Luke Wroblewski asked me to contribute some thoughts to his book “Web form design: filling in the blanks”. Here’s what I wrote.
Often these questions show that designers are thinking hard, which is great, but perhaps they’re missing the people aspect while concentrating on pixels: the fine details, such as whether to put a colon on the end of the label. Users really don’t care about minor details of punctuation.
Users really do care about what they’re asked and why
Users care about what they’re asked, why they are asked it, and beyond everything else, whether those questions are appropriate to the context, meaning whatever the user is trying to achieve by filling in the form.
For example: street address. If you have to put your street address into a web site before browsing it, chances are you’ll react badly. Many of us maintain a convenient false set of personal answers, including address and email that we use when we consider that it’s impertinent to be asked personal questions right now.
But if you’ve decided on buying something that needs to be shipped, then it would be distinctly strange if the site did not ask you for a street address. And you’ll probably take care to enter a real address accurately.
Start by thinking about people and relationships
So before you start thinking about where to place your questions on the page, think about people and relationships.
Why are users filling in your form? What is their relationship to your organization? Do they feel good or bad about it? Is this form just another stepping stone on the road to their continuing enthusiasm for your product, service, or whatever? Or is it a fearful barrier that’s keeping them from something else they’d prefer to be doing? Or are you just battling indifference: they don’t care one way or another, and may just bail because they can’t see the point? If you don’t know enough about your users to be sure, then ask them. Watch them using your web site or talk to them, somehow.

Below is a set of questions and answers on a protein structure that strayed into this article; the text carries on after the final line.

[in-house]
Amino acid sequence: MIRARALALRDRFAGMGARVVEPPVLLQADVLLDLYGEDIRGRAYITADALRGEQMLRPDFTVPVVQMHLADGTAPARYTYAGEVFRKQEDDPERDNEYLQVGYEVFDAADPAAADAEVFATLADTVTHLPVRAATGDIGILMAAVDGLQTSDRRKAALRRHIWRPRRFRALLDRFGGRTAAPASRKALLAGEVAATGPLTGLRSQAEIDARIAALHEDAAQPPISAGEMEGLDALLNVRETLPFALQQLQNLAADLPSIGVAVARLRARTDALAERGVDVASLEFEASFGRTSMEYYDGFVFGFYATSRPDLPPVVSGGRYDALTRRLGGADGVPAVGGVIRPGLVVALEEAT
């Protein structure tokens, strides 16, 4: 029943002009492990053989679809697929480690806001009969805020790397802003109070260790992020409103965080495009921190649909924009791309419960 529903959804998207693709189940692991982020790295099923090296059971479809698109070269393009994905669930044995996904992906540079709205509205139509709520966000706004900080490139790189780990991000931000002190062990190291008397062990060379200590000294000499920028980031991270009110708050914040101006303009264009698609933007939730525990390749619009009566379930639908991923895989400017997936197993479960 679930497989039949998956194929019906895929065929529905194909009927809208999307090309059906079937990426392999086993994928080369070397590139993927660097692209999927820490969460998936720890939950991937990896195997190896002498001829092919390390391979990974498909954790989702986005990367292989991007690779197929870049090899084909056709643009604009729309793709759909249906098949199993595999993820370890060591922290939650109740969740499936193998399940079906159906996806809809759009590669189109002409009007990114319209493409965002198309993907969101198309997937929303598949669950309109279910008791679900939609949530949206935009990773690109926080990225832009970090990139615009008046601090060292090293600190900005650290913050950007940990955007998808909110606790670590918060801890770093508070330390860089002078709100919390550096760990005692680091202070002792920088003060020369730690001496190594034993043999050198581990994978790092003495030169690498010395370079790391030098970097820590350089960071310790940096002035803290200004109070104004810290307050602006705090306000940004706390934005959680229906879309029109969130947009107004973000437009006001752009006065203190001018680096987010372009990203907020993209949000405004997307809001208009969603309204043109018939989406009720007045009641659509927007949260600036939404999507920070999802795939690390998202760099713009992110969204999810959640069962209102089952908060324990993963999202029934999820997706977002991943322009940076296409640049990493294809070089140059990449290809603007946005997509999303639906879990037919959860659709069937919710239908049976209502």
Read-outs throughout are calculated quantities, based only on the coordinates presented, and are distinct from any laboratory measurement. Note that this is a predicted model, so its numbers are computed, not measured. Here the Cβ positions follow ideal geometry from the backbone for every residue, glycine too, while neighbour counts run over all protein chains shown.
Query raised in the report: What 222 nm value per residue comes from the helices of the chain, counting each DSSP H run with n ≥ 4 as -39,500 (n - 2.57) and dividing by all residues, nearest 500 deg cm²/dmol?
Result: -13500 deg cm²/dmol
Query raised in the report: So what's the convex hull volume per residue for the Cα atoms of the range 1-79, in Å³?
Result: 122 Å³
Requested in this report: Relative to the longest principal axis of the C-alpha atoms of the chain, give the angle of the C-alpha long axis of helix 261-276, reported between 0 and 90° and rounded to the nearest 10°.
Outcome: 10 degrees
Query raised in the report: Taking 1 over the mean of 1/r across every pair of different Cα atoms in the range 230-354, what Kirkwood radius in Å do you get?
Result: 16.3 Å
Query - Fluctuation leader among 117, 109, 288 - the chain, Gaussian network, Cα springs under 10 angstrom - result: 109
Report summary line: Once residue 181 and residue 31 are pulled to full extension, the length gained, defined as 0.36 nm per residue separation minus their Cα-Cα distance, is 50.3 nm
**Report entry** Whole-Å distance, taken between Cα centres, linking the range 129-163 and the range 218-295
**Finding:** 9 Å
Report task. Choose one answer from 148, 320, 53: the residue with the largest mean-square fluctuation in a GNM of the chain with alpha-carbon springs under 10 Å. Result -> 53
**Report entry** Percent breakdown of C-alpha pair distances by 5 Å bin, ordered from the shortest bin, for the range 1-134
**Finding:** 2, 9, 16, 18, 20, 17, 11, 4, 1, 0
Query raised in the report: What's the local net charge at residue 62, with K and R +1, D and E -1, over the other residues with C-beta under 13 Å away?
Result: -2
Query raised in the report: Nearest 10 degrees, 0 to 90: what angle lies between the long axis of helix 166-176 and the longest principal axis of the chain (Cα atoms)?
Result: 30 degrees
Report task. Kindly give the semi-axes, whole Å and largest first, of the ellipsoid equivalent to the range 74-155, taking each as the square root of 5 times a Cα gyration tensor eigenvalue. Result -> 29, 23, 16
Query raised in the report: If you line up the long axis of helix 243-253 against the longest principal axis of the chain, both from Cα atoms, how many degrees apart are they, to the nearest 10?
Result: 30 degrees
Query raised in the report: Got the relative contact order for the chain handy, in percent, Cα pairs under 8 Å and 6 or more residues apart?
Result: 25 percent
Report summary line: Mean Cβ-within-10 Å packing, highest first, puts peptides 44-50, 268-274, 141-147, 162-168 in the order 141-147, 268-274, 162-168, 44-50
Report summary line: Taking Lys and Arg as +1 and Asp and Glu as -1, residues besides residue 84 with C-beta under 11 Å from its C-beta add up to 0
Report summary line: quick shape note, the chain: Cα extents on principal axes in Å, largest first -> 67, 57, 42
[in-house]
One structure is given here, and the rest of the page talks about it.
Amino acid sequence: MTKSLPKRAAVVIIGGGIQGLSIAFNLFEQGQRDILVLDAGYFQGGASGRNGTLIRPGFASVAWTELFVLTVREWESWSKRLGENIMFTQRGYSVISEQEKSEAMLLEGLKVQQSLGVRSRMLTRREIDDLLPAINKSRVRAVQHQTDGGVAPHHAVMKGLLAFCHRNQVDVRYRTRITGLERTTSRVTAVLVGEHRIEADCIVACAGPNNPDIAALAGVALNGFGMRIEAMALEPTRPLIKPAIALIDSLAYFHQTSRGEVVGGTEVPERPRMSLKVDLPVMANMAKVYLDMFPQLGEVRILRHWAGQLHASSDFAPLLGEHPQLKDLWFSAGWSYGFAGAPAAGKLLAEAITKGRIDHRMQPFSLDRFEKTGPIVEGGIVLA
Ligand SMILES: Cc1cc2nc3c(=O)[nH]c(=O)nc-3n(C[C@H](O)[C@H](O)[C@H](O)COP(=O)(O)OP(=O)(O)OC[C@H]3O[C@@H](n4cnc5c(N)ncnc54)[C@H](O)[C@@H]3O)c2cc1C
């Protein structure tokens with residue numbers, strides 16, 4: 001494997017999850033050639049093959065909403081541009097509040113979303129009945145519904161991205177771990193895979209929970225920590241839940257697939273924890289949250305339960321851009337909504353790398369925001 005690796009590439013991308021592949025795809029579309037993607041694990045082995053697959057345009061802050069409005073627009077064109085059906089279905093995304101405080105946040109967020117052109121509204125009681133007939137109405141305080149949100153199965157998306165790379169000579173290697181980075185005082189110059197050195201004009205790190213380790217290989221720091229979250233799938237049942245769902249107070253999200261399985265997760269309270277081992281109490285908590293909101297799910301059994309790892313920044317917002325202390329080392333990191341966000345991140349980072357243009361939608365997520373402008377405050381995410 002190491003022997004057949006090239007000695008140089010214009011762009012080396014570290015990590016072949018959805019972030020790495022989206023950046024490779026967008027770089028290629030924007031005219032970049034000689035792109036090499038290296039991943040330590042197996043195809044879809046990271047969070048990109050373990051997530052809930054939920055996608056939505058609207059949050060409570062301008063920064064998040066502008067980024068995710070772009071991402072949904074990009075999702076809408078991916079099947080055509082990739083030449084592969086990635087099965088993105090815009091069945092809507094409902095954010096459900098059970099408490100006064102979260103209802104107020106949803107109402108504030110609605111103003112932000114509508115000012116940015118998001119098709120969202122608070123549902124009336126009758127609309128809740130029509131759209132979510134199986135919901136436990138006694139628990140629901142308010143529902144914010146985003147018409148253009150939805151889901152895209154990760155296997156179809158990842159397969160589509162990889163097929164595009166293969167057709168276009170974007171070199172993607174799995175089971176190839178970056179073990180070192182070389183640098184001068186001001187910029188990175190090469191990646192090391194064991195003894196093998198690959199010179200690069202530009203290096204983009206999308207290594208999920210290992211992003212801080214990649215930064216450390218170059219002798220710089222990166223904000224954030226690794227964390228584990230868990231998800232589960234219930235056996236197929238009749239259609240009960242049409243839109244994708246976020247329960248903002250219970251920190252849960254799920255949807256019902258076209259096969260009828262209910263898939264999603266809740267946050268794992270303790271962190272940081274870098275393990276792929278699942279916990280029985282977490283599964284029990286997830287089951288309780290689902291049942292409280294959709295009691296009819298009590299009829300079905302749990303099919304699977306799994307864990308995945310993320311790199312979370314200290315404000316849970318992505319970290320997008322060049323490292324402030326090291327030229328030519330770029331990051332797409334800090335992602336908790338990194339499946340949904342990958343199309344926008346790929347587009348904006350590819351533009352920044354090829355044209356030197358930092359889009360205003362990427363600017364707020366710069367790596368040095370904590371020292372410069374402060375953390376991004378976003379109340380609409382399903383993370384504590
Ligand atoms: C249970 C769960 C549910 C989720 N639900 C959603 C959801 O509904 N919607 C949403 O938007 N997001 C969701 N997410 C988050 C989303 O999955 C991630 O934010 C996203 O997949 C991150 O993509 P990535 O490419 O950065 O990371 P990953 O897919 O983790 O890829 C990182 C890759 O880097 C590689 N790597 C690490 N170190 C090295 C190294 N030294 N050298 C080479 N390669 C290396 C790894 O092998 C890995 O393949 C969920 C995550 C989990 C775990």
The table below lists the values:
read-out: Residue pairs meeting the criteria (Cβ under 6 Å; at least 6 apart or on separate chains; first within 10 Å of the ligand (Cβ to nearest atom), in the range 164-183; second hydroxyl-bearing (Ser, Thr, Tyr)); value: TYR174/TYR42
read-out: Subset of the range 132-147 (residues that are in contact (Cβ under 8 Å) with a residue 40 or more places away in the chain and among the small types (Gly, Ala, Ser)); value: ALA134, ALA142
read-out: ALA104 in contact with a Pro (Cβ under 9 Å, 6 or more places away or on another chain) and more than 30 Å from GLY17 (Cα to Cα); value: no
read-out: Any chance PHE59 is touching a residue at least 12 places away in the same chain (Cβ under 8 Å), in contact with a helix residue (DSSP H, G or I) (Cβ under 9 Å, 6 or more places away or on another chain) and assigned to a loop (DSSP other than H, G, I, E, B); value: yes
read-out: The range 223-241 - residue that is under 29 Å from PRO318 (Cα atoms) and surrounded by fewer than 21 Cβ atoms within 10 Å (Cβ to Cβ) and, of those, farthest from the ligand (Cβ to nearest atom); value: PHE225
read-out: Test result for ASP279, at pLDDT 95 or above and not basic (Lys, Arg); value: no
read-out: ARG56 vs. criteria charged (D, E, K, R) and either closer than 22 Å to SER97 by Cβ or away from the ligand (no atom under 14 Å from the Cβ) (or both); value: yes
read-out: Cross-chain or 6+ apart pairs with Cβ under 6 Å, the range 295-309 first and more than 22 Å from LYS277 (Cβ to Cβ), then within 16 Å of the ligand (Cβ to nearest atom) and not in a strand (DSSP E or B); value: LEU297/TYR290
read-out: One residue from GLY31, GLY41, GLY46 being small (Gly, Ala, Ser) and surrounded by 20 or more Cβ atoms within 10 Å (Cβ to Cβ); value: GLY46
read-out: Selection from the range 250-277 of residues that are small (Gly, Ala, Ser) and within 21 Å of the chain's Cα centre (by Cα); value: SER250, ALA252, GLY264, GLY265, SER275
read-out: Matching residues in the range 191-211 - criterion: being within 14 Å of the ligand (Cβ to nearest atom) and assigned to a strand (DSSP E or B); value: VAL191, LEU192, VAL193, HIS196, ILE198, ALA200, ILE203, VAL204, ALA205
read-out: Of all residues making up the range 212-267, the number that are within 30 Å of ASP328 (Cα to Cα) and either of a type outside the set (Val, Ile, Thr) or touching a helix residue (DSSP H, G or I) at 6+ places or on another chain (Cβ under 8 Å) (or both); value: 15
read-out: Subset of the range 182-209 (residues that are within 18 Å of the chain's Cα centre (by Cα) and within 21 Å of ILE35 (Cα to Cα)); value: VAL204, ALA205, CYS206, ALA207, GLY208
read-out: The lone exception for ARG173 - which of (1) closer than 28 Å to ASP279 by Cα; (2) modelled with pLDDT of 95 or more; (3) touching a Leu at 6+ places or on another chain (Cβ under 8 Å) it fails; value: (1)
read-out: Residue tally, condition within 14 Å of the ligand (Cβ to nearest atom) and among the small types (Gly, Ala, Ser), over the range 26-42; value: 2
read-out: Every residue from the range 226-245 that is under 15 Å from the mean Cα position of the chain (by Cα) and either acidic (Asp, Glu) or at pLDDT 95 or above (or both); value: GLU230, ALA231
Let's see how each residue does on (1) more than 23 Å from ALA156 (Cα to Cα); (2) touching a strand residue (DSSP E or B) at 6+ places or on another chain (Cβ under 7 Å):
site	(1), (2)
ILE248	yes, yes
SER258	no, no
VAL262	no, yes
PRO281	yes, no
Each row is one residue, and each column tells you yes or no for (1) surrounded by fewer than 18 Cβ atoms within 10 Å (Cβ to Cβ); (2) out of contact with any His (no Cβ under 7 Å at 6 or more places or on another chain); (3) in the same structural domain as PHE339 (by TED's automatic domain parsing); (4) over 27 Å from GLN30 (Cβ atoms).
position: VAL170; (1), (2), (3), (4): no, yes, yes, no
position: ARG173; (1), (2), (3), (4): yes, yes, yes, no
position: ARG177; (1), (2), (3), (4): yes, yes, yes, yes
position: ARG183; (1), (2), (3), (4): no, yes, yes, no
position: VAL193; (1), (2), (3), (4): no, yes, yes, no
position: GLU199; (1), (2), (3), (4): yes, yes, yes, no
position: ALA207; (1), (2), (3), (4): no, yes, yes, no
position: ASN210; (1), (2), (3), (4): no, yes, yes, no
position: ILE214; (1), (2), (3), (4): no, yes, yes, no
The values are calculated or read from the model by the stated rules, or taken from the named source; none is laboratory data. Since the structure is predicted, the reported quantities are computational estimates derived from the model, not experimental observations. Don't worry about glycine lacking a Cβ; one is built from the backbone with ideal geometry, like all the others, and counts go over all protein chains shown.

If you’ve already got questions for your form: why are you asking those particular questions? And why are you asking them right now, at this point in the relationship? If you don’t know enough about your organization to be sure: Investigate. Find someone in the organization who does know. If there isn’t anyone, that’s telling you that maybe your whole approach needs rethinking. Is the form necessary at all?
Keep, cut, postpone, or explain: four strategies for better questions
Maybe, as with my ‘shipping’ example, you and your users are in harmony: you’re asking for answers that they are eager to give you. Well done – keep those questions and move to thinking about the details of design.
But perhaps you’re asking a question that you don’t really need right now. Cut: get rid of the question and help everyone: less work for you in design, less work for your users, and no long-term storage.
Or maybe it’s the ‘right now’ part: postpone asking that question until later, until the point where it moves from unnecessary or intrusive to harmonious.
Or maybe it’s one of those difficult questions that your users don’t want to answer: personal data, such as phone number, or something that requires research or extra thought. But you’ve investigated your form, you know that there is a real value to your organization in asking these questions, and some important reason why you have to ask them ahead of time. Your strategy is to explain: write a very short but clear reason why you’re asking. Make sure it offers a benefit to the user (“Asking you this now helps us to process your order more quickly”).
And if you can’t think of any benefit to the user – better go back to finding out whether you really need that question, because you’re going to find that you lose users at that point in the form.
Your view, my view: balancing user and business needs
Of course, there’s nothing new about being told to think about your users before starting your design. My message is about balancing user needs and business needs – harder work than stressing about labels and colons, but with a much greater impact on your form design.
Like I said: people before pixels.
Buy Web form design: filling in the blanks by Luke Wroblewski